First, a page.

Whether the reason is the economy or just a desire to stay active, fewer workers are retiring once they reach their sixties. As a result, organizations are witnessing a new trend in age diversity, one in which groups share traditions and culture based upon the period in which they came of working age. For example, the technology boom of the 1990s will have had a more significant impact on the work processes of the Baby Boomers than Generation Y. The former group views technology in a limited role relative to the optimization of workplace efficiency, while the latter group assumes that technology is integral to workplace efficiency. These differences may not only impact work processes, but also the interpersonal relationships between workgroup members.
Considering the global competitiveness of business, organizations that fail to give due consideration to age diversity may find that they are not achieving the most optimal results, not only in terms of productivity, morale, and job satisfaction, but also revenue and the bottom line. Employees should be recognized and understood as individuals, and this can only be done when their leadership takes a multidimensional perspective. Organizations that fail to recognize employee differences, whether those differences are based upon generational, ethnic, gender, or other attributes, risk losing good employees.
What are the best methods for collectively leading the four generations while taking into consideration the each group’s unique attributes? As I said, each group’s values are shaped by historical events that took place as they came of working age, and the specific leadership characteristics they admire will likewise be influenced by those events. This brooks the following question: Is there one leadership style that works best for Generation Y (born 1981–2000), Generation X (born 1965–1980), the Baby Boomer Generation (born 1946–1964), and the Silent Generation (born 1925–1945)?
Generational differences are a legitimate diversity issues that managers need to recognize and understand if they are to provide effective leadership. Unfortunately, getting generational subcultures to learn to work together presents significant challenges for many managers. According to one study, 66 percent of the Silent Generation and 51 percent of Baby Boomers said they had little or no interaction with Generation Y. In addition, 67 percent of Generation X and 71 percent of Generation Y workers said they rarely interacted with the Silent Generation.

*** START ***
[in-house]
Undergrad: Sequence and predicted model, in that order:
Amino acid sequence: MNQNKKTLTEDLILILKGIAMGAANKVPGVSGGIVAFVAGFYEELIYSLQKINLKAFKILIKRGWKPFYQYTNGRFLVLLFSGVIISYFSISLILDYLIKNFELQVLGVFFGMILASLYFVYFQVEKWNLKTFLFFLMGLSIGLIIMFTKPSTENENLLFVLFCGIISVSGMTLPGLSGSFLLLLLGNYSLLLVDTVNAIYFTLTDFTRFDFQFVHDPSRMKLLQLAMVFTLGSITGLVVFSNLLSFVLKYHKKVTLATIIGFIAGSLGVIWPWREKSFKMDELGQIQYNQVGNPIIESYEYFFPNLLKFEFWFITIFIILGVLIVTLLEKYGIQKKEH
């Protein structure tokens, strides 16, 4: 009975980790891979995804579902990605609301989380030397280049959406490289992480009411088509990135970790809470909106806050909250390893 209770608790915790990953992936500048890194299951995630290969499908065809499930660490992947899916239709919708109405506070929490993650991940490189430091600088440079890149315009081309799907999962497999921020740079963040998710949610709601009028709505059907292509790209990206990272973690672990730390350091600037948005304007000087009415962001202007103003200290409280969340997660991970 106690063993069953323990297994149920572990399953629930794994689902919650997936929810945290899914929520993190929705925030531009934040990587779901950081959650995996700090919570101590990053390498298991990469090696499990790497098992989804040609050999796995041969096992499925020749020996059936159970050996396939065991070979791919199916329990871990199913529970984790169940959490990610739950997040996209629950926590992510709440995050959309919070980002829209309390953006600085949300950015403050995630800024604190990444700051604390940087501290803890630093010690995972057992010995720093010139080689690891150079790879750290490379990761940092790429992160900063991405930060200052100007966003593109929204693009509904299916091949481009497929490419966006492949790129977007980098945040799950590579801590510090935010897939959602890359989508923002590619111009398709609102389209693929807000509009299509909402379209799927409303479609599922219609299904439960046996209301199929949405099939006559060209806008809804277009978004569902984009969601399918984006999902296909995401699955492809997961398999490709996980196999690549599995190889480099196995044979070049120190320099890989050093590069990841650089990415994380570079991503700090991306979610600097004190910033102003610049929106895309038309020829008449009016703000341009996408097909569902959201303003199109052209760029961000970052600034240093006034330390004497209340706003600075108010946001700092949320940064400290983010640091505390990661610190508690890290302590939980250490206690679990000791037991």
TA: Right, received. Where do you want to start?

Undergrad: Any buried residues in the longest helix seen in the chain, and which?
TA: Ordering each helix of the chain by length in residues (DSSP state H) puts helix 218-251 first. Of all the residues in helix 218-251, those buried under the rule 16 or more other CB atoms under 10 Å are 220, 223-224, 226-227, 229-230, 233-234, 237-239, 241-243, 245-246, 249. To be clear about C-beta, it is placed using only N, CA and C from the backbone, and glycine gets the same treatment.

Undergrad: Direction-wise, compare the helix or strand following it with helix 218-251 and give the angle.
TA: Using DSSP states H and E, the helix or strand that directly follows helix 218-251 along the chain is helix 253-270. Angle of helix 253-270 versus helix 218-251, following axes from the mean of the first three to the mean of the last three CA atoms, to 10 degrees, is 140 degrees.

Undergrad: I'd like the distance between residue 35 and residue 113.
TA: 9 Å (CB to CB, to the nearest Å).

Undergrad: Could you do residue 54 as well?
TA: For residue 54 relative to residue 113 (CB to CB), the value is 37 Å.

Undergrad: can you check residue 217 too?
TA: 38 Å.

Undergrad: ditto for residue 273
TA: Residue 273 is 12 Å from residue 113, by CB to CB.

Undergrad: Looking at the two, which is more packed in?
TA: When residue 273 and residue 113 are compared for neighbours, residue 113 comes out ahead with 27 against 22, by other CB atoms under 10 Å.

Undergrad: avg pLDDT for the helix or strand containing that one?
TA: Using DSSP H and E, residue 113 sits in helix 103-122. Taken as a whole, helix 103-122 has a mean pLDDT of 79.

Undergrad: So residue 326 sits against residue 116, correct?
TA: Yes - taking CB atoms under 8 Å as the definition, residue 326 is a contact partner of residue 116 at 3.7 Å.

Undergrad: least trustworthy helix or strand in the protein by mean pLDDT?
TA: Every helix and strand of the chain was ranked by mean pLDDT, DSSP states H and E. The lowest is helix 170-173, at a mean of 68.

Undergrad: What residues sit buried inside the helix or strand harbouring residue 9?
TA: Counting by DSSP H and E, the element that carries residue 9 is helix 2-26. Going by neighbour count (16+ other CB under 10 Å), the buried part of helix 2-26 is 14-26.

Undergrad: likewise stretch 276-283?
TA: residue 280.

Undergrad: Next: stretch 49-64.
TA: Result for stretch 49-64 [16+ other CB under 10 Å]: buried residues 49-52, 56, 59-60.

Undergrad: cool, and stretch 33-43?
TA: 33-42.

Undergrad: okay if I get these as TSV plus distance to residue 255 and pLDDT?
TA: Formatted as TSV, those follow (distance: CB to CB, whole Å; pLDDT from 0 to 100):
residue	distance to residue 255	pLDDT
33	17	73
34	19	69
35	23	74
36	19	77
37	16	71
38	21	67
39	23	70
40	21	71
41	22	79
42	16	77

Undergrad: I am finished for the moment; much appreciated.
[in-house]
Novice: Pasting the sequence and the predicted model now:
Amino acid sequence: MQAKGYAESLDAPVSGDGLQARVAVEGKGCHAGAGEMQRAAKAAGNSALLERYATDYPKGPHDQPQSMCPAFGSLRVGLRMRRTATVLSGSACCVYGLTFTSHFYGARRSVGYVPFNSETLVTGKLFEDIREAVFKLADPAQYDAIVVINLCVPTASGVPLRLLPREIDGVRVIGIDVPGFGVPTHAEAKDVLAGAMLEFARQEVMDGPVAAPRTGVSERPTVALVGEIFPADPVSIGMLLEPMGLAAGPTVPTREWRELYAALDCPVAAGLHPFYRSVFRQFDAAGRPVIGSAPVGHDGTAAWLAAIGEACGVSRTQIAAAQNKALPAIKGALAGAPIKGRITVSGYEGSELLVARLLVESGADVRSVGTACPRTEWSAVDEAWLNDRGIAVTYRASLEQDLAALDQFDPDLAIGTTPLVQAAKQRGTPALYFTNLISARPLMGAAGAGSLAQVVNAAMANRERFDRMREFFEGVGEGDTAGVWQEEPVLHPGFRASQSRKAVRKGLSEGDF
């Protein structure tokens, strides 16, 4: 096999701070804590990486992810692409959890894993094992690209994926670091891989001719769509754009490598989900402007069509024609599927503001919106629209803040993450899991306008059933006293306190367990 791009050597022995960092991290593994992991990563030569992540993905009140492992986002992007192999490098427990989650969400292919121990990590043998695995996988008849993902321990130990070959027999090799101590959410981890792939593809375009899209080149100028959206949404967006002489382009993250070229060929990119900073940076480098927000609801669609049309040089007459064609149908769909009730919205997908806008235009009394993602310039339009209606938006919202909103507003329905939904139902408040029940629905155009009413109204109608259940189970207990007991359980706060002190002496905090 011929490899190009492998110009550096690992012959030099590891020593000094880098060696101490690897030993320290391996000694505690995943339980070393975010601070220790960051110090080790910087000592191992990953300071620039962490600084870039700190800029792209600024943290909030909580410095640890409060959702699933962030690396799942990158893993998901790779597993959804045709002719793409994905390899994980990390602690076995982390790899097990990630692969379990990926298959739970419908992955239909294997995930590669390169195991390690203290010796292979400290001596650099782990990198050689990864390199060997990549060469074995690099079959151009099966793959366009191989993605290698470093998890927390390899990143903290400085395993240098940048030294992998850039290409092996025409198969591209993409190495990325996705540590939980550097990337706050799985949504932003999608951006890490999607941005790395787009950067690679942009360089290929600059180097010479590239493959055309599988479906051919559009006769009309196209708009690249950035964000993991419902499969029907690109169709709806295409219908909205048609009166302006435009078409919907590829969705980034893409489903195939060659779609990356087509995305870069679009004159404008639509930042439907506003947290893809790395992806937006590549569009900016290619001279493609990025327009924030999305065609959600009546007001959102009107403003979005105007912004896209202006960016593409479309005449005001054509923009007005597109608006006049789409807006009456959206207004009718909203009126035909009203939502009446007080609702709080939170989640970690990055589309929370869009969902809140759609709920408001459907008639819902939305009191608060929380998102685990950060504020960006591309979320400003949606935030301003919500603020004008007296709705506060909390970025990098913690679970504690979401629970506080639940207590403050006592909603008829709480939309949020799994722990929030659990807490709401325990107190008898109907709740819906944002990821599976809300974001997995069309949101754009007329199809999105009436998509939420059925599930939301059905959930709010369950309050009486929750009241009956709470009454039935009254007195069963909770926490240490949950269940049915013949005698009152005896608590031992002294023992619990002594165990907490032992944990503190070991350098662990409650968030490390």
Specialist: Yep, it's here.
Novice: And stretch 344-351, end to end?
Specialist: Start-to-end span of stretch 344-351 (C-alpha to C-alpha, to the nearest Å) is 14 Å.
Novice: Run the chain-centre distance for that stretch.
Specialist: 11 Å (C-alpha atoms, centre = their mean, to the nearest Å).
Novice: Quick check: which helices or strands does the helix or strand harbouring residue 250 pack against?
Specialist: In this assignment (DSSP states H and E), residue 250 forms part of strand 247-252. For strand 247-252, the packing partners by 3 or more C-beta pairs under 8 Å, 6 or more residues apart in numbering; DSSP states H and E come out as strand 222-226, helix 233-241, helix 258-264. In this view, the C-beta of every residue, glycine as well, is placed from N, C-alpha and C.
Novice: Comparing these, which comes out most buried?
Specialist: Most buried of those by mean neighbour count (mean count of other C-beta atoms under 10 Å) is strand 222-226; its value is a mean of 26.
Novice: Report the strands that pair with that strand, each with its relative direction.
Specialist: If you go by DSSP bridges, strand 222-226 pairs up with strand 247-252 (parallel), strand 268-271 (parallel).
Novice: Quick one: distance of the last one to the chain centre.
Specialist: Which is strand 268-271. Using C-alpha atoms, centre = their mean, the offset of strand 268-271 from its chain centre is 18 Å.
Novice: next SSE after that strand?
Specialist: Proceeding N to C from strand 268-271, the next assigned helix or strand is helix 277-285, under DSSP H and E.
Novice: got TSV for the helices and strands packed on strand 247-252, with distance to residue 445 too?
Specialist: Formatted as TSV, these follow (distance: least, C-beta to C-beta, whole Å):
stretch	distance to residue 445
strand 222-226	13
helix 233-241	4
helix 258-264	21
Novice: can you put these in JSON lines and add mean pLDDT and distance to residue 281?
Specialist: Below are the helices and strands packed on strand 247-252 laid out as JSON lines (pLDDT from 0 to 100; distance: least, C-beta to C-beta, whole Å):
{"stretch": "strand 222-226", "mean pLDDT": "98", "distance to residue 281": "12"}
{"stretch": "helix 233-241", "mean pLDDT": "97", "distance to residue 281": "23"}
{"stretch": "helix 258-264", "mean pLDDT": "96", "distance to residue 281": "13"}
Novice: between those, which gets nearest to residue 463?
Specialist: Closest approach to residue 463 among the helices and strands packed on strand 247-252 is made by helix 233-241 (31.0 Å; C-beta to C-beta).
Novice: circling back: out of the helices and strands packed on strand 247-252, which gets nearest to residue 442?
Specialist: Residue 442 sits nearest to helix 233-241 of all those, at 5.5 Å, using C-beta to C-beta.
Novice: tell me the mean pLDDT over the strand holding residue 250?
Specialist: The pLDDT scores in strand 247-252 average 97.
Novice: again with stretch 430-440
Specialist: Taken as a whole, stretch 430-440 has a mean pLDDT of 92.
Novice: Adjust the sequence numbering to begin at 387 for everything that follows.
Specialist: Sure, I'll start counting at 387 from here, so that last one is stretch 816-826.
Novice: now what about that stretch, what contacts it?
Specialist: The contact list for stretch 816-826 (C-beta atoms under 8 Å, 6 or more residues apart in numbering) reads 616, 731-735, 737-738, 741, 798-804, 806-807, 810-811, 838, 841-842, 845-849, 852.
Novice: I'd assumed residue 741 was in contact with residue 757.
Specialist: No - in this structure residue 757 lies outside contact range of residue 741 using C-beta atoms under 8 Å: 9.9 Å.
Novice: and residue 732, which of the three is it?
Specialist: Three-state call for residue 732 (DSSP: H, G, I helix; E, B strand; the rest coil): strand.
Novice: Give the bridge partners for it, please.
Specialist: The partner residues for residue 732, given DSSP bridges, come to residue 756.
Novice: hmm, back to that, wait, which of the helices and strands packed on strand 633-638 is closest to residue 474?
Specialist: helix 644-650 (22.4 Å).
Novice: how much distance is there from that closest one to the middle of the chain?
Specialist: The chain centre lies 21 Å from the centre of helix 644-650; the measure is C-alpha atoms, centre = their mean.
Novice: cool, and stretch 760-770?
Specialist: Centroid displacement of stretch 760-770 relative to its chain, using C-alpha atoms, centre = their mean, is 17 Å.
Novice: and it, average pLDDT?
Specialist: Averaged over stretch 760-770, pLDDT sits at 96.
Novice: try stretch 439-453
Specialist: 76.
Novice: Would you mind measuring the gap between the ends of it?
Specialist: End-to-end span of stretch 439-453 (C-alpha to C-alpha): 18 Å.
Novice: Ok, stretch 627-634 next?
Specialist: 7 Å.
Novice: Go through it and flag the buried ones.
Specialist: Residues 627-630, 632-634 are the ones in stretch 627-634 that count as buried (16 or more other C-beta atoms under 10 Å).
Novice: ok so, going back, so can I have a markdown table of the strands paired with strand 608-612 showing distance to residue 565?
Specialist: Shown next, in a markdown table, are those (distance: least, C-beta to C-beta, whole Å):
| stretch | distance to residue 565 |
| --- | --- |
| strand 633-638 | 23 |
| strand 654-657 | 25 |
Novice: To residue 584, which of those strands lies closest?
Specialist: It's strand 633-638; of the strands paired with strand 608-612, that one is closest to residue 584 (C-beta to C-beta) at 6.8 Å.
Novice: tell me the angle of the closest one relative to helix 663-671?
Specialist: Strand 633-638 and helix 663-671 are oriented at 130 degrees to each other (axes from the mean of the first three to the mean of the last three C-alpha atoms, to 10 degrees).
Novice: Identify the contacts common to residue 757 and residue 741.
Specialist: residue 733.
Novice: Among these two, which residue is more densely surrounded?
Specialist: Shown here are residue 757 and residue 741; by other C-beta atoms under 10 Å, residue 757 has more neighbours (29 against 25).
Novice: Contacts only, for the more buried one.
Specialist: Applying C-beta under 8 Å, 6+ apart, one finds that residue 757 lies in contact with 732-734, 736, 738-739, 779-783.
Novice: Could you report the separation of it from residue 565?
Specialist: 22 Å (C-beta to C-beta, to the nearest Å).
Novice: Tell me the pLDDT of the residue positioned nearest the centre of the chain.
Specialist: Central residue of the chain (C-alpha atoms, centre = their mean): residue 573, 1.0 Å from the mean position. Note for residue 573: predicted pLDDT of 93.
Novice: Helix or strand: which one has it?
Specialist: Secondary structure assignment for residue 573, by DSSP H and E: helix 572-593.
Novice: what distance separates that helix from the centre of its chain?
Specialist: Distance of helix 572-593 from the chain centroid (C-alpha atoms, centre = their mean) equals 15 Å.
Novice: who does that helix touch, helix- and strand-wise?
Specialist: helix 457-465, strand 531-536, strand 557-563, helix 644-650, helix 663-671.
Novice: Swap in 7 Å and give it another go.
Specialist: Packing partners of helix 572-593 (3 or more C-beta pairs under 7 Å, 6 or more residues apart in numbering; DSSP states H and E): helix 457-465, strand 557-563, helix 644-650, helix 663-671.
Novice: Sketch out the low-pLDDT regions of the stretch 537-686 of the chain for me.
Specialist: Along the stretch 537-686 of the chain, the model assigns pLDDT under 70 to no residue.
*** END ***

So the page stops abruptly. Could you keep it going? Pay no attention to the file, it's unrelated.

The Five Dysfunctions
In The Five Dysfunctions of a Team, Patrick Lencioni argues that for a team to work effectively, they must overcome five deficiencies. First, individuals on a team must learn to trust one another: “Trust requires shared experiences over time, multiple instances of follow-through and credibility, and an in-depth understanding of the unique attributes of team members.” He makes several suggestions, including having members share nonthreatening personal experiences, like unique challenges growing up, best and worst jobs, or favorite hobbies. In team meetings, such exercises can lead to a greater awareness of the similarities between the four generational subcultures, rather than the differences. As members of the team learn about each other, they will begin to trust each other.
Second, teams must understand that healthy conflict is a good thing. This can be a particular challenge for the Silent Generation, since one of the core values associated with that generation is conformity. The role of the leader is to acknowledge the benefits of healthy conflict and to recognize when individuals are becoming uncomfortable. Leaders can then interrupt the discussion to remind everyone that what they are doing is not only necessary, but effective. This may seem paternalistic, but is an effective way to drain the tension from a diffi cult, but productive, exchange.